NEW YORK, July 30 (JTA) A U.S. judge has revoked the citizenship of a 76-year-old suburban Philadelphia man accused of serving as a concentration camp guard during World War II.
The most damaging evidence against Theodor Szehinskyj, a retired machinist, came from six World War II documents released after the collapse of the Soviet Union and from the videotaped testimony of the wife of the owner of a farm where Szehinskyj worked in the early 1940s.
Szehinskyj claimed he worked at now-88 year-old Hildegard Lechner’s farm until November 1944. But Lechner, whose husband was a Nazi soldier, recalls that he left in the fall of 1942.
Lechner’s date corresponds with the wartime documents, which show Szehinskyj working as a concentration camp guard from 1943 to 1945.
Szehinskyj’s lawyer questioned Lechner’s testimony.
Lechner supported the Nazis and was “given slave laborers to work her farm for the betterment of the Third Reich. I don’t see any difference between her relationship with Mr. Szehinskyj and a slave owner in the Deep South before the Civil War,” said Andre Michniak, Szehinskyj’s lawyer.
“Most people in this country question a slaveowner in the South when they say something in conflict with a runaway slave.”
It is unclear whether Szehinskyj actually ran away from the farm or left on his own accord.
“You need something more than just paper that says someone was somewhere,” said Michniak, suggesting that Szehinskyj’s identification might have been used without his knowledge.
The documents, however, include Szehinskyj’s date of birth, religion, mother’s name and address, and physical description.
The Justice Department’s Office of Special Investigations, which began the investigation against Szehinskyj, remains firm on the man’s wartime activities.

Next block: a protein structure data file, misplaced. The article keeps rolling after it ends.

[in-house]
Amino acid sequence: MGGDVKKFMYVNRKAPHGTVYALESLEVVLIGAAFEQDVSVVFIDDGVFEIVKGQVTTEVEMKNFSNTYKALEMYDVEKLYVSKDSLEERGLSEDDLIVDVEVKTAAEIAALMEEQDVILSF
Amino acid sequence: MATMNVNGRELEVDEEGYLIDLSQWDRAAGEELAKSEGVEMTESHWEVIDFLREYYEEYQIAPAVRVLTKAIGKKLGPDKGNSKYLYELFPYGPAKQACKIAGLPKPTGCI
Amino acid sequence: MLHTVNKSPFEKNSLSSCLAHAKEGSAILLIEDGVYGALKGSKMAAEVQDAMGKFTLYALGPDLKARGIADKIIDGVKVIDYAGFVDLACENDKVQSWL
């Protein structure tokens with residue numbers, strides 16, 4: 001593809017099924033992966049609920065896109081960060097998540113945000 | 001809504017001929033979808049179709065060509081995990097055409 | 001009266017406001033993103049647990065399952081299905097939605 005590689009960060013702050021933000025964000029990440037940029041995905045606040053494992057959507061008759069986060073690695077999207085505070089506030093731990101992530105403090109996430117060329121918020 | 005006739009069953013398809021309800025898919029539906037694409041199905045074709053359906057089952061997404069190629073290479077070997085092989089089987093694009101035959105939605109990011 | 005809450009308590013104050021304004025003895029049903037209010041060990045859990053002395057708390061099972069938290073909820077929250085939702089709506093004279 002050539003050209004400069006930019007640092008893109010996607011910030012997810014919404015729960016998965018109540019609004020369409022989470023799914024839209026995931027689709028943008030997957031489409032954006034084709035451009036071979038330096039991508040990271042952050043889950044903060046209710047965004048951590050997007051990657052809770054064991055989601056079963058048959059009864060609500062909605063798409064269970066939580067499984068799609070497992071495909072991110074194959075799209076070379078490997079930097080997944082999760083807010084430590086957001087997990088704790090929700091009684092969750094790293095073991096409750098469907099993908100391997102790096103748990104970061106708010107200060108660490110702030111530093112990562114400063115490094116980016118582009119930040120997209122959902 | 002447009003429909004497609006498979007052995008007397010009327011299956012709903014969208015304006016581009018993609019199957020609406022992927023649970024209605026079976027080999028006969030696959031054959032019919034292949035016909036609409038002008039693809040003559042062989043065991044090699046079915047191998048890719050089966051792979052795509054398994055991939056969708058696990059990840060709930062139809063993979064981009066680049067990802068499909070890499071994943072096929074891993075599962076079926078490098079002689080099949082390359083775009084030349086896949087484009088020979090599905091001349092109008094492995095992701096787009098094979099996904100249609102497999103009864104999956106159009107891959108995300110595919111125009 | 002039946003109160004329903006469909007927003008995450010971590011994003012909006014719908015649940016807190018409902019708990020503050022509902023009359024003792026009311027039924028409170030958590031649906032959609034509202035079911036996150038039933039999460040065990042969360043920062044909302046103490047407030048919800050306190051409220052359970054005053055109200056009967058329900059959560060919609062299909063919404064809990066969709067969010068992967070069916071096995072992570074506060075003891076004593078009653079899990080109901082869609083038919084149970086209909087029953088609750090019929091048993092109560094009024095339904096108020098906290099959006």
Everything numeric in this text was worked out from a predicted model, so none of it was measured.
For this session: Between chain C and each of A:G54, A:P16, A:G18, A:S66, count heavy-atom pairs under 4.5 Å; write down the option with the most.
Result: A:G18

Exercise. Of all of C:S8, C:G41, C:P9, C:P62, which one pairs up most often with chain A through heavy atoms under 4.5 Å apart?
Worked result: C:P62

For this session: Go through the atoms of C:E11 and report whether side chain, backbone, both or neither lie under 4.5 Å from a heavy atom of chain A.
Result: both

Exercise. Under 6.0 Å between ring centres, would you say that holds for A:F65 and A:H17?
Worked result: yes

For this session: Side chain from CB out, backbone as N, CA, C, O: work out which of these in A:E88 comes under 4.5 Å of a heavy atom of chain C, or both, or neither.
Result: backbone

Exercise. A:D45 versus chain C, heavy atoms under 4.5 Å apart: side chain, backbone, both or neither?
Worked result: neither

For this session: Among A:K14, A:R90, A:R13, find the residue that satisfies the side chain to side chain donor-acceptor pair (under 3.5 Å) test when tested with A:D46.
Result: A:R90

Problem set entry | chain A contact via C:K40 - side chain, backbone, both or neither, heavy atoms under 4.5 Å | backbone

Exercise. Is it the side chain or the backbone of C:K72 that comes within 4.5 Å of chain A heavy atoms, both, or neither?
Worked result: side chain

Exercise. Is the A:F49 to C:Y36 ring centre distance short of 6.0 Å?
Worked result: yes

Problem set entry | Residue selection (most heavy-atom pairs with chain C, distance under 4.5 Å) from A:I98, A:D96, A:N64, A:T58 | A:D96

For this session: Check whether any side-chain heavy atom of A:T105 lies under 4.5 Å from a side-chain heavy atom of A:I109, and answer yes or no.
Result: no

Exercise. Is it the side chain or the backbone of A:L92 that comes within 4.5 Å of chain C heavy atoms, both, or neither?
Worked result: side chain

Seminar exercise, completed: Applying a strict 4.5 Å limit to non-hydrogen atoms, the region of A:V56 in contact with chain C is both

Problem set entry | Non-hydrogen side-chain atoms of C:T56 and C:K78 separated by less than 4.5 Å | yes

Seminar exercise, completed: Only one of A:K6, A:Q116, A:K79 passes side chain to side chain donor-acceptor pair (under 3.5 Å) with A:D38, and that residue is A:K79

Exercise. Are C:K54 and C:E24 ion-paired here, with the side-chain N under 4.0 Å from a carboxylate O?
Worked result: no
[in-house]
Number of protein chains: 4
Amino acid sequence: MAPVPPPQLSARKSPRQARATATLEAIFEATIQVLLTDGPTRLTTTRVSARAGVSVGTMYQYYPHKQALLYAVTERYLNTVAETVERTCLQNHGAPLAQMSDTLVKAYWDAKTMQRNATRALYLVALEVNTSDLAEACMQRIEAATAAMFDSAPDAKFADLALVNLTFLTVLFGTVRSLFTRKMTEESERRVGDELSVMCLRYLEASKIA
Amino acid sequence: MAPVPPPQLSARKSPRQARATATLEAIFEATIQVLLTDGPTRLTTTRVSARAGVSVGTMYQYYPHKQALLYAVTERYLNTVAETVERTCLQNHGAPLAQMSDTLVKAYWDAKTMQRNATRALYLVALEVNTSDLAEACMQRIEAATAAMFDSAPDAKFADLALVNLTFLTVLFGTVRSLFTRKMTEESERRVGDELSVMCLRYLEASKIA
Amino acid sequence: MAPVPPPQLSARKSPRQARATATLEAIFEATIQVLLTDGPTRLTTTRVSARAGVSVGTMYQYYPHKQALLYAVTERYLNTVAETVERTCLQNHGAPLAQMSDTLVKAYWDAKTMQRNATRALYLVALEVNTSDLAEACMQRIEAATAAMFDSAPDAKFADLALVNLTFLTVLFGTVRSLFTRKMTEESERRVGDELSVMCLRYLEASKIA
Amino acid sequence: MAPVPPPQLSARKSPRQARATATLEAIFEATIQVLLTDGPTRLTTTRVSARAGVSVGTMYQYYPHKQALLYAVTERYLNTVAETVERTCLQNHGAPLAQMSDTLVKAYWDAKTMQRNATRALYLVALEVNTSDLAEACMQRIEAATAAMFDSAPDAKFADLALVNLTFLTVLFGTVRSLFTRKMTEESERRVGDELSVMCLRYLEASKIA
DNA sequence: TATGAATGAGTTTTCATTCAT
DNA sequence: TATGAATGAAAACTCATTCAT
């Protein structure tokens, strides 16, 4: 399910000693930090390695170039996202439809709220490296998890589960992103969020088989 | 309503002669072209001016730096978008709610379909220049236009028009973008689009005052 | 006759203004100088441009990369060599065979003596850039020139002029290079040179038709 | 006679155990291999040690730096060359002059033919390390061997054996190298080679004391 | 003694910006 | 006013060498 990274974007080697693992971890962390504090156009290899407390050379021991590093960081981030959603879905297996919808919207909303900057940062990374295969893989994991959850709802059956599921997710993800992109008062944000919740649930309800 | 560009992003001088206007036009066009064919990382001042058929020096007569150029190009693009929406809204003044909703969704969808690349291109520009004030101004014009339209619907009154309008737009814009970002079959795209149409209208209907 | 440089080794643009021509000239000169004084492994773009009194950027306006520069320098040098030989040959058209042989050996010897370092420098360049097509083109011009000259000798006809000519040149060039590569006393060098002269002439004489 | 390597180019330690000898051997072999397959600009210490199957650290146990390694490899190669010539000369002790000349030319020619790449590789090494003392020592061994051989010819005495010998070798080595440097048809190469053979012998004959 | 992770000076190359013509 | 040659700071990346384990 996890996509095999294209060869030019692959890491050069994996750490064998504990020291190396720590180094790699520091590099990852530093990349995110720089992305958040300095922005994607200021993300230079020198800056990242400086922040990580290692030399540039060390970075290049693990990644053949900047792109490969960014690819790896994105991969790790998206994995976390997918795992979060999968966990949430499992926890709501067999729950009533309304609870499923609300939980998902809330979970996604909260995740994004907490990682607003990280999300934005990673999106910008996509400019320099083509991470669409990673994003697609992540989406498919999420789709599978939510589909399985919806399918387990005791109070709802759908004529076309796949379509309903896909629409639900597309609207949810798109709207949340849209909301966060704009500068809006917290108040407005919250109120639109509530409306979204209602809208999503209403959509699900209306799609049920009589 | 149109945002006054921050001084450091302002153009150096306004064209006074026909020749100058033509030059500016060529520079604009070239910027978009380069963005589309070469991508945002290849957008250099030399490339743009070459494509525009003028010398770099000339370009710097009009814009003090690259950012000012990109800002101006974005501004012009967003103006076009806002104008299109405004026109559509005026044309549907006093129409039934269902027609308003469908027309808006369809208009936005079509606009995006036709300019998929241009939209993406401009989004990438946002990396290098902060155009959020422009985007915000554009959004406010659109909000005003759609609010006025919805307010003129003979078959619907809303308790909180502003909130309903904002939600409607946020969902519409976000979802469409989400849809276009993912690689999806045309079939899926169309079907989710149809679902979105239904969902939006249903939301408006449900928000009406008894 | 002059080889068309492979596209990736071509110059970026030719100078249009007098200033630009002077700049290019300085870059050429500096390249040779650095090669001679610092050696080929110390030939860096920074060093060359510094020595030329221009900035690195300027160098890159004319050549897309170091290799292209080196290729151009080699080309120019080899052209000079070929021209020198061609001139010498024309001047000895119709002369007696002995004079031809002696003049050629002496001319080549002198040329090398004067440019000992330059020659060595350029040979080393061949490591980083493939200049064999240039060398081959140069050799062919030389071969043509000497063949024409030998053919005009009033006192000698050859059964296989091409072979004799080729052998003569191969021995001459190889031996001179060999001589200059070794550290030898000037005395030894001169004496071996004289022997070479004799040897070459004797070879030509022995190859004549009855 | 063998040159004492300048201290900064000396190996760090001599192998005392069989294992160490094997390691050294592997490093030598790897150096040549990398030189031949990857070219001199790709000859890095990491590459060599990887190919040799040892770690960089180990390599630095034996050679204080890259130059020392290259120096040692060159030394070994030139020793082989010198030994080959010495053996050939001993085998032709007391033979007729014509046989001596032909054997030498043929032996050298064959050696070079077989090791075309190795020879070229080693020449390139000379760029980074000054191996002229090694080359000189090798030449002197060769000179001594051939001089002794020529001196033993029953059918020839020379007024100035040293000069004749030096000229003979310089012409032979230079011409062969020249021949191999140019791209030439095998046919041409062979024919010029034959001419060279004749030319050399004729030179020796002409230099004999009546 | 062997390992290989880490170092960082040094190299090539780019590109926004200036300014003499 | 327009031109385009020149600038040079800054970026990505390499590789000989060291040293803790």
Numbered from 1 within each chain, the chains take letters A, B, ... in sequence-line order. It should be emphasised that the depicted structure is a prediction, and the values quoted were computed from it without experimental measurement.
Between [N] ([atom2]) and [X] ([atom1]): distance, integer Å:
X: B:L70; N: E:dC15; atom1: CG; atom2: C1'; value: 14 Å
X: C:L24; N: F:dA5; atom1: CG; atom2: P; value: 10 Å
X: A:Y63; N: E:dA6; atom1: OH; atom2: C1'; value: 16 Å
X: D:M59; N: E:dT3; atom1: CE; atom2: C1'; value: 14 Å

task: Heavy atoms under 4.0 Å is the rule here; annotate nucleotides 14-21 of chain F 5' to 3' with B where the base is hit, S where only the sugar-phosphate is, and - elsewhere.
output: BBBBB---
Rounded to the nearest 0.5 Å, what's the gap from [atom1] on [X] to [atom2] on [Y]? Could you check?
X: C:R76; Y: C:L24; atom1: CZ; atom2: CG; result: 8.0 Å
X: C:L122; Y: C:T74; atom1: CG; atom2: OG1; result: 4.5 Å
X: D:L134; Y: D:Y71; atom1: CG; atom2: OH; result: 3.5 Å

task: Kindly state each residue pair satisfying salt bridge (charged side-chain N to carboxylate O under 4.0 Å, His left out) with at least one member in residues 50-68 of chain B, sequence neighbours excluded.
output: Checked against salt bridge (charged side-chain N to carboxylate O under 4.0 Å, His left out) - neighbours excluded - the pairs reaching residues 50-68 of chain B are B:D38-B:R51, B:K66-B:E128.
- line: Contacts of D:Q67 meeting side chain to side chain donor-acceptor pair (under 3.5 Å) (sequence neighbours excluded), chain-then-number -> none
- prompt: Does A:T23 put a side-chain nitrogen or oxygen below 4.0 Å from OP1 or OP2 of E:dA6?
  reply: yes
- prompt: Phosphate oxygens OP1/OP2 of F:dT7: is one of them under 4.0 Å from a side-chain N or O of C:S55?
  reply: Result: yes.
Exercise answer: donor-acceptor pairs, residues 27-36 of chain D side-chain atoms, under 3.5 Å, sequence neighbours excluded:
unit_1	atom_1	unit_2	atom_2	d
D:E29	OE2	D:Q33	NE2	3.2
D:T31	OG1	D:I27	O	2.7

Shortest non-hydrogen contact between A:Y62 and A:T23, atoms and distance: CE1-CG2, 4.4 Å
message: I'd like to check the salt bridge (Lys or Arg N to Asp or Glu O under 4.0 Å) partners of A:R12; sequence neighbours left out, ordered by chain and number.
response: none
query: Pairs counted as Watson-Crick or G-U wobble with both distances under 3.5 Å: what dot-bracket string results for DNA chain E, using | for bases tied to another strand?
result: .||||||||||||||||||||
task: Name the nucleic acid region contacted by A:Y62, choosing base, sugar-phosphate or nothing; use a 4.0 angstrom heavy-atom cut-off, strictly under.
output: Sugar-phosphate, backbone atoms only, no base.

“This decision is proof that the cries for justice of the surviving victims from this terrible period in human history are still heard,” said Eli Rosenbaum, director of the OSI.
“Szehinskyj and other SS Death’s Head guards were integral parts of the Nazi system of degradation, brutality and murder.”
Szehinskyj is accused of serving at concentration camps that include Gross-Rosen in Poland and Sachsenhausen in Germany.
Szehinskyj, who was born in what is now Ukraine, entered the United States in 1950, becoming a naturalized citizen in 1958.
There is no record that Szehinskyj directly harmed anyone, but Judge Steward Dalzell wrote in his July 24 ruling that concentration camp guards received new assignments daily “and none could plausibly contend that he spent the war merely watching from the edge.
“The heavy presumption from this incontrovertible historical record is that guards were, at a minimum, complicit in this closed culture of murder even if there may not be hard evidence of actual homicide at a particular guard’s hands.”
Michniak said that Szehinskyj learned of the investigation in late 1996 through a letter asking him to appear for a sworn interview. Michniak said that Szehinskyj’s compliance with authorities adds credibility to his denial of the charges.
“Most people would get a lawyer, but [Szehinskyj] just walked right in there,” Michniak said. “This is someone who did not try to hide in any way.”
Szehinskyj plans to appeal the ruling. Deportation proceedings have not yet begun.
Rosenbaum, who estimates his office is currently investigating 250 suspected Nazis, maintains that Szehinskyj is “one of the people who did the dirty work of the Nazis.”
“This is a major victory for the government in Nazi cases,” he said.